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Telugu Desam Party Bows Out of Telangana Race: Will Jana Sena Benefit?

With Chandrababu Naidu imprisoned, TDP leaders could ride the sympathy wave but the challenges are many.

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In light of former Andhra Pradesh chief minister Chandrababu Naidu’s continued prison term and the sunken morale of the cadre, the Telugu Desam Party (TDP) will not contest the Telangana elections in November. The Quint has exclusive information about the party national general secretary Nara Lokesh’s confirmation of this decision to his party men late last evening. “Ring-fencing Andhra Pradesh is now our utmost priority. We are fighting several issues on the ground as well as legally. So, when we are in battle mode, we do not want to stretch ourselves too thin,” senior leader Pattabhi spoke to TQ from Vijayawada.

This move could also create more room for TDP’s ally Jana Sena Party (JSP) to corner a larger number of votes from the Kamma and Kapu communities - the traditional vote bank of the Telugu Desam party. In August, the Telugu Desam party had declared its intent to go alone in the Telangana state elections stating that it would contest 89 seats.

However, after Chandrababu Naidu’s arrest in September and his subsequent jailing, the party’s leaders have regrouped several times to strategise how they can encash the swelling sympathy electorally.

“Hyderabad is what it is today because of his presence. What can we do in his absence now?” TDP spokesperson Susanta Subudhi’s question is what many are asking too. The party’s strongholds are in at least 15 -20 constituencies in the Greater Hyderabad region where there are many settlers from Andhra Pradesh. In the districts bordering Andhra Pradesh, the TDP has greater influence. In 2018, the party had secured 3.5% votes in spite of the BRS (then TRS) pro-Telangana wave.

With Naidu’s wife Nara Bhuvaneswari championing the ‘Nijam Gelavali’ (The Trust Shall Prevail) campaign across Andhra Pradesh, the TDP is looking to benefit from the potential sway of a sympathy wave, making it a pivotal factor in the Andhra election contest next year. Naidu’s otherwise reticent wife spoke at an impressive public rally last week in Chandragiri, her husband’s constituency, asking for people's support in voting Naidu back to power in 2024.

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Jana Sena Party: The Collateral Beneficiary?

The visible reason for the TDP not contesting in Telangana is definitely Naidu’s inability to extricate himself and his party men from the three cases he is fighting. However, political pundits and Naidu’s former colleagues who are now with the Congress augur there is more than what meets the eye.

“We do not want to trouble other parties. That is another reason,” the senior TDP leader told TQ as part of the conversation. While the Jana Sena Party is certainly going to be the obvious beneficiary of Naidu’s retreat, many see this move of retreating as conceding space to Jana Sena, the NDA ally and Pawan Kalyan, the BJP’s confidant.

“Pawan Kalyan is a highly acceptable icon among the Kammas. For the Kammas and Kapus who have been treated below par when compared to the Reddys, Jana Sena Party is the alternative they are looking for,” said Dr Pulla Rao, Columnist and Activist who has keenly followed the evolution of the smaller parties in the Telugu-speaking states.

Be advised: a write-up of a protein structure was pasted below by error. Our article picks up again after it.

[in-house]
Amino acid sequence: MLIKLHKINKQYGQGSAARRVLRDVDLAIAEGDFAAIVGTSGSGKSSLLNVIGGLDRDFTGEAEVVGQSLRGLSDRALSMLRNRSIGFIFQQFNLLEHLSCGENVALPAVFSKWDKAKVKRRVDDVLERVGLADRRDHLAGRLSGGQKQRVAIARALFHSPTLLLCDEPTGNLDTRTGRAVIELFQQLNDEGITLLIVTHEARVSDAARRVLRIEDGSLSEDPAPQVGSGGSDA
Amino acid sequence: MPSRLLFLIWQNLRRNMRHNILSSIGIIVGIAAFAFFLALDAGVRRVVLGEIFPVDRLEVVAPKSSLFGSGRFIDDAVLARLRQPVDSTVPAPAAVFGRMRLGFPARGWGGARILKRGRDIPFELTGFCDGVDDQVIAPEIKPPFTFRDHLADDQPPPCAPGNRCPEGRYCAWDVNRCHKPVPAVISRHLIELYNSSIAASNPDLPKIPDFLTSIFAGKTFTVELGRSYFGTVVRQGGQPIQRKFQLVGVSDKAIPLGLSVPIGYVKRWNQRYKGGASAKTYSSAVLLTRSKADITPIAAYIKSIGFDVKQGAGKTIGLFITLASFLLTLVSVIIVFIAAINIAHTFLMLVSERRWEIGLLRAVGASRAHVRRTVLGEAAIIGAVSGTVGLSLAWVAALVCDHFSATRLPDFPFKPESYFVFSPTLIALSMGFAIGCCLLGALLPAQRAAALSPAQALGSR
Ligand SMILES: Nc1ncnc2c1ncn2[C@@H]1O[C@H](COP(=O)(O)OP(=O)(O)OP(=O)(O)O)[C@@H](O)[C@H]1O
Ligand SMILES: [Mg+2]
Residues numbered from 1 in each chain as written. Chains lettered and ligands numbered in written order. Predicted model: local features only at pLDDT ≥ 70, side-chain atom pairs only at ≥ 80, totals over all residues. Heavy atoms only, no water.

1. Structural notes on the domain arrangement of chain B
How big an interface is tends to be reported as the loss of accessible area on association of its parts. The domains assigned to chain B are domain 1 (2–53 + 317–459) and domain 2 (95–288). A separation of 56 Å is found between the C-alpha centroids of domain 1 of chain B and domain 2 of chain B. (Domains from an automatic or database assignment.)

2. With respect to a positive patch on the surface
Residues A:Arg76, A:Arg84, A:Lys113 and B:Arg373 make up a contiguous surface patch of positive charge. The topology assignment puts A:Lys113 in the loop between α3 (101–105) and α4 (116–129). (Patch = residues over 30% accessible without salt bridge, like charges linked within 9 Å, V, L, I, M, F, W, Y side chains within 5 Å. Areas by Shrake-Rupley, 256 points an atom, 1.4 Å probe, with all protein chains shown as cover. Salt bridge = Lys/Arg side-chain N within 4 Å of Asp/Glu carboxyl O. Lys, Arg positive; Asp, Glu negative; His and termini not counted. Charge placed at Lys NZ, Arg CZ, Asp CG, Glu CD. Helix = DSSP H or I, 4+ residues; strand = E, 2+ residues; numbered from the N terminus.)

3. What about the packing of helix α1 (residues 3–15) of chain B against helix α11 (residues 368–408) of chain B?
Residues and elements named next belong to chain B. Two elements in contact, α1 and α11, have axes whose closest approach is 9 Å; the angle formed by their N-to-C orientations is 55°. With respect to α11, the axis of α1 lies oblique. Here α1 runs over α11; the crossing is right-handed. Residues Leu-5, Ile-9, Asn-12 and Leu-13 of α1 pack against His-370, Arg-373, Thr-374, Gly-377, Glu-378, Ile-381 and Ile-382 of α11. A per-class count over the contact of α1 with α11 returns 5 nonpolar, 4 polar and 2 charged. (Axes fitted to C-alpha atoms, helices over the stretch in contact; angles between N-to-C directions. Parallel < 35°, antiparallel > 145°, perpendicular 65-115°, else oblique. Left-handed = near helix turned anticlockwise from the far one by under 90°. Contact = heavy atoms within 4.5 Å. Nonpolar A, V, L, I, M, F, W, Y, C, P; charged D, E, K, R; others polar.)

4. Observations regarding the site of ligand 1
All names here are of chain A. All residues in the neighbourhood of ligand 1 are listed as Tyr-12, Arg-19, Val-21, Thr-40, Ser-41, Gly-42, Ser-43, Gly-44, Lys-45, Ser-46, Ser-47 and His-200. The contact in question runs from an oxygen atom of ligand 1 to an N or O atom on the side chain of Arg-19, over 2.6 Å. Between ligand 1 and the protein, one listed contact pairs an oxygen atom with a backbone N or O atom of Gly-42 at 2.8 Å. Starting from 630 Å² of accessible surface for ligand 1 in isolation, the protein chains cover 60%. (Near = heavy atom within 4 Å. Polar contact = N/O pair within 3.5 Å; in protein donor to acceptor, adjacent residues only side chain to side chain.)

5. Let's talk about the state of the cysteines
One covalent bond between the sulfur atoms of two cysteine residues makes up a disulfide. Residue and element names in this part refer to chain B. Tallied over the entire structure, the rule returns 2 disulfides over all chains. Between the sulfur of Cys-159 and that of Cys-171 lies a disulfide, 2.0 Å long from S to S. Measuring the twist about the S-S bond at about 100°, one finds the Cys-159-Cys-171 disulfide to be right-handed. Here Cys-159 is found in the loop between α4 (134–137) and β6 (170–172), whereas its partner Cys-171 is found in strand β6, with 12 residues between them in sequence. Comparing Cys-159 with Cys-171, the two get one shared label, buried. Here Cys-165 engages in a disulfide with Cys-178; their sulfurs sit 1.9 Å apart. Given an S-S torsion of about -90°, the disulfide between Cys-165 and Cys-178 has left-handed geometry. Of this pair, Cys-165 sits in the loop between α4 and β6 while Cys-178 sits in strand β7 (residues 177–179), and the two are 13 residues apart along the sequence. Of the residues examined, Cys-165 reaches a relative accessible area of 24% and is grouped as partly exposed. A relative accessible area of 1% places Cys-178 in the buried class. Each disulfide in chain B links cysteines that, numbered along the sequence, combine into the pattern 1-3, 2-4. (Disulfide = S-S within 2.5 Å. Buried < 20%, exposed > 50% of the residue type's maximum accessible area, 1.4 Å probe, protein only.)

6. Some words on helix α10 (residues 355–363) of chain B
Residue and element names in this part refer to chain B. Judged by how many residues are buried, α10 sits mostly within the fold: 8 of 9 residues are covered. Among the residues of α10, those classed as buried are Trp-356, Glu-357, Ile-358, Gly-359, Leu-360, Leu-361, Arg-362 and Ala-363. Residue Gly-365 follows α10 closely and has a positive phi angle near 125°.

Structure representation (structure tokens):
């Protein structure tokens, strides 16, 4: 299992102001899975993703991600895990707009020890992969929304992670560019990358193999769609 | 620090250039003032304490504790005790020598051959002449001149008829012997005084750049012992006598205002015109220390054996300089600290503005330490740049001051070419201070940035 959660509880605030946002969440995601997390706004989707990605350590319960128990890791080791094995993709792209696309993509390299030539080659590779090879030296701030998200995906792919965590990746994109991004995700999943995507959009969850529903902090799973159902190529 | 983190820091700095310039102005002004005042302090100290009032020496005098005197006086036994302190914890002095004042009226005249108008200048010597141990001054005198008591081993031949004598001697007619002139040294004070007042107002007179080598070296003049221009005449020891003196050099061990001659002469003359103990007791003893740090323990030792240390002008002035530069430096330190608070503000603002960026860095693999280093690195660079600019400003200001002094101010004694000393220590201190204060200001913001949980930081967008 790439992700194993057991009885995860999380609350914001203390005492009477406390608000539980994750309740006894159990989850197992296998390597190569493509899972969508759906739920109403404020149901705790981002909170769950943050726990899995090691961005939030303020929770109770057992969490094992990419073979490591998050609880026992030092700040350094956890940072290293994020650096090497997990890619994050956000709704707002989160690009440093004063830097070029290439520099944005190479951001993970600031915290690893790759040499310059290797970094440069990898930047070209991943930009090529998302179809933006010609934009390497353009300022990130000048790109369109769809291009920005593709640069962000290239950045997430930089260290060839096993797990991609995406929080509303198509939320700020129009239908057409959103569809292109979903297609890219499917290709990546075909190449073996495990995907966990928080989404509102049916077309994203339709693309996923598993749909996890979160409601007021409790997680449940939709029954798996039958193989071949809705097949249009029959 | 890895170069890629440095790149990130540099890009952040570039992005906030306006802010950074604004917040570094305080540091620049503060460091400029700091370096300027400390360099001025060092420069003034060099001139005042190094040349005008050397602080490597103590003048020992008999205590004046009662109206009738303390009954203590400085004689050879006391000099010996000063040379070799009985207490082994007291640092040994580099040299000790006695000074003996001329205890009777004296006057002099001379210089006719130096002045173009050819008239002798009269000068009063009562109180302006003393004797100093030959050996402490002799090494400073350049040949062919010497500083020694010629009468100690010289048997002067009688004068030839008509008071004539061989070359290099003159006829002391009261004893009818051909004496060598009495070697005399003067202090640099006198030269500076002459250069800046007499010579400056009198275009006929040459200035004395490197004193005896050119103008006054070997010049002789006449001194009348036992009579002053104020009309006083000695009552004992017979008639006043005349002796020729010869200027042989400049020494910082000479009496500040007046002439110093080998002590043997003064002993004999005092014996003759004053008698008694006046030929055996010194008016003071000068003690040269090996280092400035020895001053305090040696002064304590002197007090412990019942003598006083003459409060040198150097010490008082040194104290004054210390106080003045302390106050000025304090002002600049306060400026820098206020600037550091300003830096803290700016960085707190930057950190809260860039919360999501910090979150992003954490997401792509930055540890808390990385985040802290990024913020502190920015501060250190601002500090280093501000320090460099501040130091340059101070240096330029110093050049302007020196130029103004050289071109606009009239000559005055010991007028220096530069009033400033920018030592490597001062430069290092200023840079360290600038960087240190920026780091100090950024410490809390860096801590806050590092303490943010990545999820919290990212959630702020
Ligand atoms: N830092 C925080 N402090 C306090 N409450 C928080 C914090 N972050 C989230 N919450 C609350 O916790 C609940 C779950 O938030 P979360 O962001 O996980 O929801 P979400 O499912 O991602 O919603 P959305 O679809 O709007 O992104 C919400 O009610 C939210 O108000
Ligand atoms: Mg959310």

With Jana Sena expected to contest about 10-12 seats, Pawan Kalyan will look to corner the OBC seats as well with the Congress and the Bharat Rashtra Samithi sacrificing many OBC seats for the Reddys. Pawan Kalyan is a Munnuru Kapu, an influential backward class sect that accounts for an effective 6% population among the other 18 classified OBCs in the state. Jana Sena’s impressive performance in the Telangana election could mean a greater possibility of a hung assembly. The two parties would have to poll more than 15% of votes together to upset the Congress and the BRS relegating Telangana to a hung house.

It is important to recollect that BL Santhosh, the National General Secretary of the BJP mentioned to his party cadre during a closed-door address that he foresees an unclear majority in the upcoming elections. 

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Can the Telangana Election Affect an AP Alliance?

“The TDP stepping back is a positive decision to enjoy goodwill with the BJP. Through the Jana Sena, the TDP will look to ingratiate the BJP and seek inclusion in the NDA,” Dr Rao said pointing out that the decision to back off from Telangana comes within two weeks of Nara Lokesh meeting the Home Minister and BJP number two, Amit Shah.

While many may dismiss such a possibility as conjecture, it is important to note that the meeting with Lokesh was called for by Amit Shah. The Home Minister asked for Lokesh to see him through the BJP Telangana President Kishan Reddy. The invitation did not come from the BJP Andhra President D Purandareswari who is also Lokesh’s maternal aunt. During the meeting, Amit Shah also reportedly asked Lokesh for a report on the three cases that Naidu has been jailed for his alleged involvement.

“We are fighting Jagan Mohan Reddy’s YSRC Party tooth and nail on every promise that they have failed to deliver upon. The anti-incumbency is strong and we want to win back Andhra for Naidu,” said Pattabhi.

This could well be Lokesh and the TDP’s mandate. Such an event could re-draw political alliances in Andhra Pradesh. But for the next 30 days, all eyes on Telangana, please.

(At The Quint, we are answerable only to our audience. Play an active role in shaping our journalism by becoming a member. Because the truth is worth it.)

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